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Lighting The Scene

Lesson 3 of 7

Portrait - Side Lighting


Lighting The Scene

Lesson 3 of 7

Portrait - Side Lighting


Lesson Info

Portrait - Side Lighting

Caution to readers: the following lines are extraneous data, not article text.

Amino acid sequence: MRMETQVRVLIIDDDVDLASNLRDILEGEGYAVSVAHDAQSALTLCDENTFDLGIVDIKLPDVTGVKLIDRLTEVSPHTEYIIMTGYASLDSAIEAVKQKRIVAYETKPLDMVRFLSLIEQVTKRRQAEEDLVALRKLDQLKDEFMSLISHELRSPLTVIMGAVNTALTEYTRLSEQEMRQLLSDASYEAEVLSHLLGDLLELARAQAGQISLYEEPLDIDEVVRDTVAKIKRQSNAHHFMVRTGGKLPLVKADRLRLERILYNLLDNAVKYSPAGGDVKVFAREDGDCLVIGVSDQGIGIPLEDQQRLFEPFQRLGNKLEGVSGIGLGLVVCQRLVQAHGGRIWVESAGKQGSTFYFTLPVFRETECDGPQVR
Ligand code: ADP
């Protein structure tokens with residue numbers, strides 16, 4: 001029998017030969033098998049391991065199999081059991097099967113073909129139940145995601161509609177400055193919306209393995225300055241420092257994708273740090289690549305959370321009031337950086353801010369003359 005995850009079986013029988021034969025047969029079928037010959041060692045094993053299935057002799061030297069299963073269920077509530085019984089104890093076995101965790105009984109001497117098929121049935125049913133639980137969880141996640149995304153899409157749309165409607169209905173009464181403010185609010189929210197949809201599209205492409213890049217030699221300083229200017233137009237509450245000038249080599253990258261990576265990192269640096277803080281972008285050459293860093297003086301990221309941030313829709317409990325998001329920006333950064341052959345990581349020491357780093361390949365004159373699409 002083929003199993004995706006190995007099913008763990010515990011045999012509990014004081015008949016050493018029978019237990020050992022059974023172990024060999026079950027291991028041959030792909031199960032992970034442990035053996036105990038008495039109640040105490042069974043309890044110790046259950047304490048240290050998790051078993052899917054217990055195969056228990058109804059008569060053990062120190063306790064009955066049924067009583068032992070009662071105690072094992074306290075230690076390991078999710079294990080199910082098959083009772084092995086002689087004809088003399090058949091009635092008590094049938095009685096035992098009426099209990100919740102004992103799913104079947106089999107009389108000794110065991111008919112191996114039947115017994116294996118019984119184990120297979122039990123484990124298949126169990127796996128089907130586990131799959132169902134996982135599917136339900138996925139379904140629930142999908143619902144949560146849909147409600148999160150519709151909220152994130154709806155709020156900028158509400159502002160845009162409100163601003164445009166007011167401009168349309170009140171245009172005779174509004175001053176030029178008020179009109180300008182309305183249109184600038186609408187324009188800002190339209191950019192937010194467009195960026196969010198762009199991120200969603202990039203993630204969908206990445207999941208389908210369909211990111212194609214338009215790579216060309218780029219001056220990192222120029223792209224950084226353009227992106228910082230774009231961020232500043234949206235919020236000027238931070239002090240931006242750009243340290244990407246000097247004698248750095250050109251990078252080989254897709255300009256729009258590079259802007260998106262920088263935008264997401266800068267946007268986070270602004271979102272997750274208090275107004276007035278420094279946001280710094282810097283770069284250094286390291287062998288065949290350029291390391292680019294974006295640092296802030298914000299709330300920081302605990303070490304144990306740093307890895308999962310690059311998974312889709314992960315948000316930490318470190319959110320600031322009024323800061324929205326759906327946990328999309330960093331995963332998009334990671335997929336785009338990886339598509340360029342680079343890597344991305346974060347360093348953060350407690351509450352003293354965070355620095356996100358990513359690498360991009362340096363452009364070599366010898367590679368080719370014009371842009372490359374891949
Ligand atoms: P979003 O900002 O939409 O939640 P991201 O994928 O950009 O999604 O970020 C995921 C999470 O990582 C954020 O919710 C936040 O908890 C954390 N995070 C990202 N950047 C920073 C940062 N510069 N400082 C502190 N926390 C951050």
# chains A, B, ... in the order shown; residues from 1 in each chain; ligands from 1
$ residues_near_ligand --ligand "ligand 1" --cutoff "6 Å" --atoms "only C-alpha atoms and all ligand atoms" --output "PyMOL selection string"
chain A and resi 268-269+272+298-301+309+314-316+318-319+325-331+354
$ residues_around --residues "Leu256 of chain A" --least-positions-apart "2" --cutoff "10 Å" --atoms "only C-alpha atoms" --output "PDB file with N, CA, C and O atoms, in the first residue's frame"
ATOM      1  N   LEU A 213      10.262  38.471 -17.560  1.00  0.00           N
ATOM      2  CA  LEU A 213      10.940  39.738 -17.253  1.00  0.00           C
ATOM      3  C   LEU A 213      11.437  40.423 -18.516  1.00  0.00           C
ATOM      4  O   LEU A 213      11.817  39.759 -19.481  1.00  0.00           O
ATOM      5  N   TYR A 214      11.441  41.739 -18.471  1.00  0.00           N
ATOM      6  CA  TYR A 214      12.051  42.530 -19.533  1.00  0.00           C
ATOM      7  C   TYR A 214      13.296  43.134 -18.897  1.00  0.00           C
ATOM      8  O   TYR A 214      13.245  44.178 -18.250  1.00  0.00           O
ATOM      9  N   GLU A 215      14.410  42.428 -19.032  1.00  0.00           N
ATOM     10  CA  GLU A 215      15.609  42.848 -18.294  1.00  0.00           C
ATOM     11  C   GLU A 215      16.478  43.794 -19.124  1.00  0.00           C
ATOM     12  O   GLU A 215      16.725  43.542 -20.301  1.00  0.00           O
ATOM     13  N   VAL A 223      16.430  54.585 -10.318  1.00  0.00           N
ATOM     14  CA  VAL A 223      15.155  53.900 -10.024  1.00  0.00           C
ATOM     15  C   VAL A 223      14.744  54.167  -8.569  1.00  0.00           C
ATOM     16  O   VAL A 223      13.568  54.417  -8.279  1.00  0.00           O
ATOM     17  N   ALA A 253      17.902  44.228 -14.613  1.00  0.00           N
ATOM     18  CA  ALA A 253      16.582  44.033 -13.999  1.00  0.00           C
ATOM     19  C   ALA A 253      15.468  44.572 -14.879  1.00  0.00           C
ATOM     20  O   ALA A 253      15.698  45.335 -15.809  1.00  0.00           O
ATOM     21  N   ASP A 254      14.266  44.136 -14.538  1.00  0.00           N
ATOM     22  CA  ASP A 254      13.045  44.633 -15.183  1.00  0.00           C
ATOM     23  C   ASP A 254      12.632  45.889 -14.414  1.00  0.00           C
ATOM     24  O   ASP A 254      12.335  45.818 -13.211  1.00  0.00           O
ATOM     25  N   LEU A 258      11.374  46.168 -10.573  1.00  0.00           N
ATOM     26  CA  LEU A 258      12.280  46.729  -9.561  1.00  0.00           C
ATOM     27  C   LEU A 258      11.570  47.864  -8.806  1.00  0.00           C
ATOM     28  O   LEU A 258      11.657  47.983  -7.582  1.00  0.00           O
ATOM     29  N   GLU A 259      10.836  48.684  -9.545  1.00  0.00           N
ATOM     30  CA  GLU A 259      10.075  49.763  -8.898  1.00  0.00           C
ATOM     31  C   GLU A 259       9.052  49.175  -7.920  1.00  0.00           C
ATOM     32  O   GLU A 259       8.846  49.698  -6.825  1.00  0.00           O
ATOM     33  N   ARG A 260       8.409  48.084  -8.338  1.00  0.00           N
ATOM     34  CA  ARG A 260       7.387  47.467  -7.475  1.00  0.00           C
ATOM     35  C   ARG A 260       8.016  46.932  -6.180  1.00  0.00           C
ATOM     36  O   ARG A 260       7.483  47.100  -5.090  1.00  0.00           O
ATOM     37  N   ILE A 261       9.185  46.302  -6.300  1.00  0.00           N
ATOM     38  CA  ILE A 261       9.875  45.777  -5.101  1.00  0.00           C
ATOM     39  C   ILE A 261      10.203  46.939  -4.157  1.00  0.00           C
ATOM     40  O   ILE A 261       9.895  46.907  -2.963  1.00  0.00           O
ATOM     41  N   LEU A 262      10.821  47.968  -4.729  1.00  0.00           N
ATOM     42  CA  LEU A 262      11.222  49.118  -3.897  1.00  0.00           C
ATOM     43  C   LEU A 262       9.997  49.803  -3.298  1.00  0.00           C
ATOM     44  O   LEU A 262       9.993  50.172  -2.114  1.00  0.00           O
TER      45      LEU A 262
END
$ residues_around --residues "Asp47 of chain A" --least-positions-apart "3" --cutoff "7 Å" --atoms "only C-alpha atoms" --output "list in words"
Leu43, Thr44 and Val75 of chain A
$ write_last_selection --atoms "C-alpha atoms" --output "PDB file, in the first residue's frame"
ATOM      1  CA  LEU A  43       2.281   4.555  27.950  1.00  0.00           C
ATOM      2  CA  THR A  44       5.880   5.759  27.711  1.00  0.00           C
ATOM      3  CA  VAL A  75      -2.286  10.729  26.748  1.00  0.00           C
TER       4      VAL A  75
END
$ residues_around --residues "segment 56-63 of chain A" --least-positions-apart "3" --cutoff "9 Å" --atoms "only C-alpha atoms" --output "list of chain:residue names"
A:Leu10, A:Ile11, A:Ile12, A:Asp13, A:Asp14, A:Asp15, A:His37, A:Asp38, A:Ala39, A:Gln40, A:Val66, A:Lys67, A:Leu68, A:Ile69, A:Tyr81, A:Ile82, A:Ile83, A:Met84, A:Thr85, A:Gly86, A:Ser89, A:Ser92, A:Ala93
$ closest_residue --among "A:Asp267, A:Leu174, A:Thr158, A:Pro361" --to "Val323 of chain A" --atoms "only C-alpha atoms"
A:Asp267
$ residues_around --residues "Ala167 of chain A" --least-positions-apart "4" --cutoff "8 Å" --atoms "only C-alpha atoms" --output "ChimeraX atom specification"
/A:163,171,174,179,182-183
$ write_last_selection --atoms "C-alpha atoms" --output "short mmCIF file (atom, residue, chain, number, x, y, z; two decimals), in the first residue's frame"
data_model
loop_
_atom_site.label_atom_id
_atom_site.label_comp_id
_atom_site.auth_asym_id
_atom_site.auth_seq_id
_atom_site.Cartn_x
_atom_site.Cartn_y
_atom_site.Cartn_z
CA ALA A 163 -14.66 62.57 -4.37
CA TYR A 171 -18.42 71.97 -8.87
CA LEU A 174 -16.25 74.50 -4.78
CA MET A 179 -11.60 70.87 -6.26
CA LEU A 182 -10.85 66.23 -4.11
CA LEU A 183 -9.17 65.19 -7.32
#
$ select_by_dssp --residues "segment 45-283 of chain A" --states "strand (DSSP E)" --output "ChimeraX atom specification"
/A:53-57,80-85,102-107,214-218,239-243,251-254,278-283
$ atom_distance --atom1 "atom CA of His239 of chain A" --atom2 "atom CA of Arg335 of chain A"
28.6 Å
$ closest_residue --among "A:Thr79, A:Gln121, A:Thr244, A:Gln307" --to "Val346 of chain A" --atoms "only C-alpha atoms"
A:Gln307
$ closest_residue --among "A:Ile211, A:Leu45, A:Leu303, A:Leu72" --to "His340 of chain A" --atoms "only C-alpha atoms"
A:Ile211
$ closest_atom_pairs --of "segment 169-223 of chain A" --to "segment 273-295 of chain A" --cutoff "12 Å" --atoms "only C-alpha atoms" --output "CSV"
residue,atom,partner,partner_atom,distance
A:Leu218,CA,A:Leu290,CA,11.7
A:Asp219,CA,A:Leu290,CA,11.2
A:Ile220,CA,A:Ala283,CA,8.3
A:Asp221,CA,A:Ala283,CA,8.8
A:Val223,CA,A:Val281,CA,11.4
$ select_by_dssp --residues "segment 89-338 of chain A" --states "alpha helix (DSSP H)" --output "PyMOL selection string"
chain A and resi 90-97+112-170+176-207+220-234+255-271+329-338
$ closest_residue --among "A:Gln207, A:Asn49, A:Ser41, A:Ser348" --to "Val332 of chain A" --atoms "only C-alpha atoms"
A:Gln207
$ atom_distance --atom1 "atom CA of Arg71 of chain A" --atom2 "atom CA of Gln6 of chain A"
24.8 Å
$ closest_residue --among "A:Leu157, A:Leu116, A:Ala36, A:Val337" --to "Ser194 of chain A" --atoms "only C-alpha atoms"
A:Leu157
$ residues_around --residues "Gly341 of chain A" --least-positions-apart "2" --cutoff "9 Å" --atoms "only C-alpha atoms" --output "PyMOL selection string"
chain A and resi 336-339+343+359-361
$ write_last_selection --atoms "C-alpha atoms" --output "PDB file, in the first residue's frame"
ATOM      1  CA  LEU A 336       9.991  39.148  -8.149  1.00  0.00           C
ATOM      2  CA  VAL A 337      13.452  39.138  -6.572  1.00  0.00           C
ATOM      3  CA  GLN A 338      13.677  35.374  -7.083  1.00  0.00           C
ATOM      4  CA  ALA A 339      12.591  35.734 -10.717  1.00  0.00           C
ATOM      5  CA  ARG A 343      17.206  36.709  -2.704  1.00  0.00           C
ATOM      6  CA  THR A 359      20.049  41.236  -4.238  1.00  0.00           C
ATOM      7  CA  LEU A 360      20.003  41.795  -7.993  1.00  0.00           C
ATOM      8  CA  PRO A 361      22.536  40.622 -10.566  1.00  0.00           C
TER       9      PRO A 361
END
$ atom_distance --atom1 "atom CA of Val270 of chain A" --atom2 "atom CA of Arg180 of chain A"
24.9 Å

So we're about to start shooting. I've got the wonderful Rhonda, who is gonna be our model today. Now Rhonda we've got quite an interesting story to tell, we're gonna set up two different light scenarios here on the stairwell. One which is more nostalgic, more in keeping with the building. You kind of get inspired, you're wearing these great work overalls, and it's sort of tied around your waist. You can play with that while I have you on the stairwell. We're going to use that ambient light to light you up. And it's more sort of this old school slightly romantic kind of feel, gentler. Then we're going to mix things up. We're going to introduce a lot of lights. And I want it to be tougher, stronger almost a more sci-fi look. At that point your whole body language will change. So the way you model and pose will talk to the storyline that we are building. For each different light scenario. So we'll have fun, a bit of direction here and there. But you've got an incredible face. I want to w...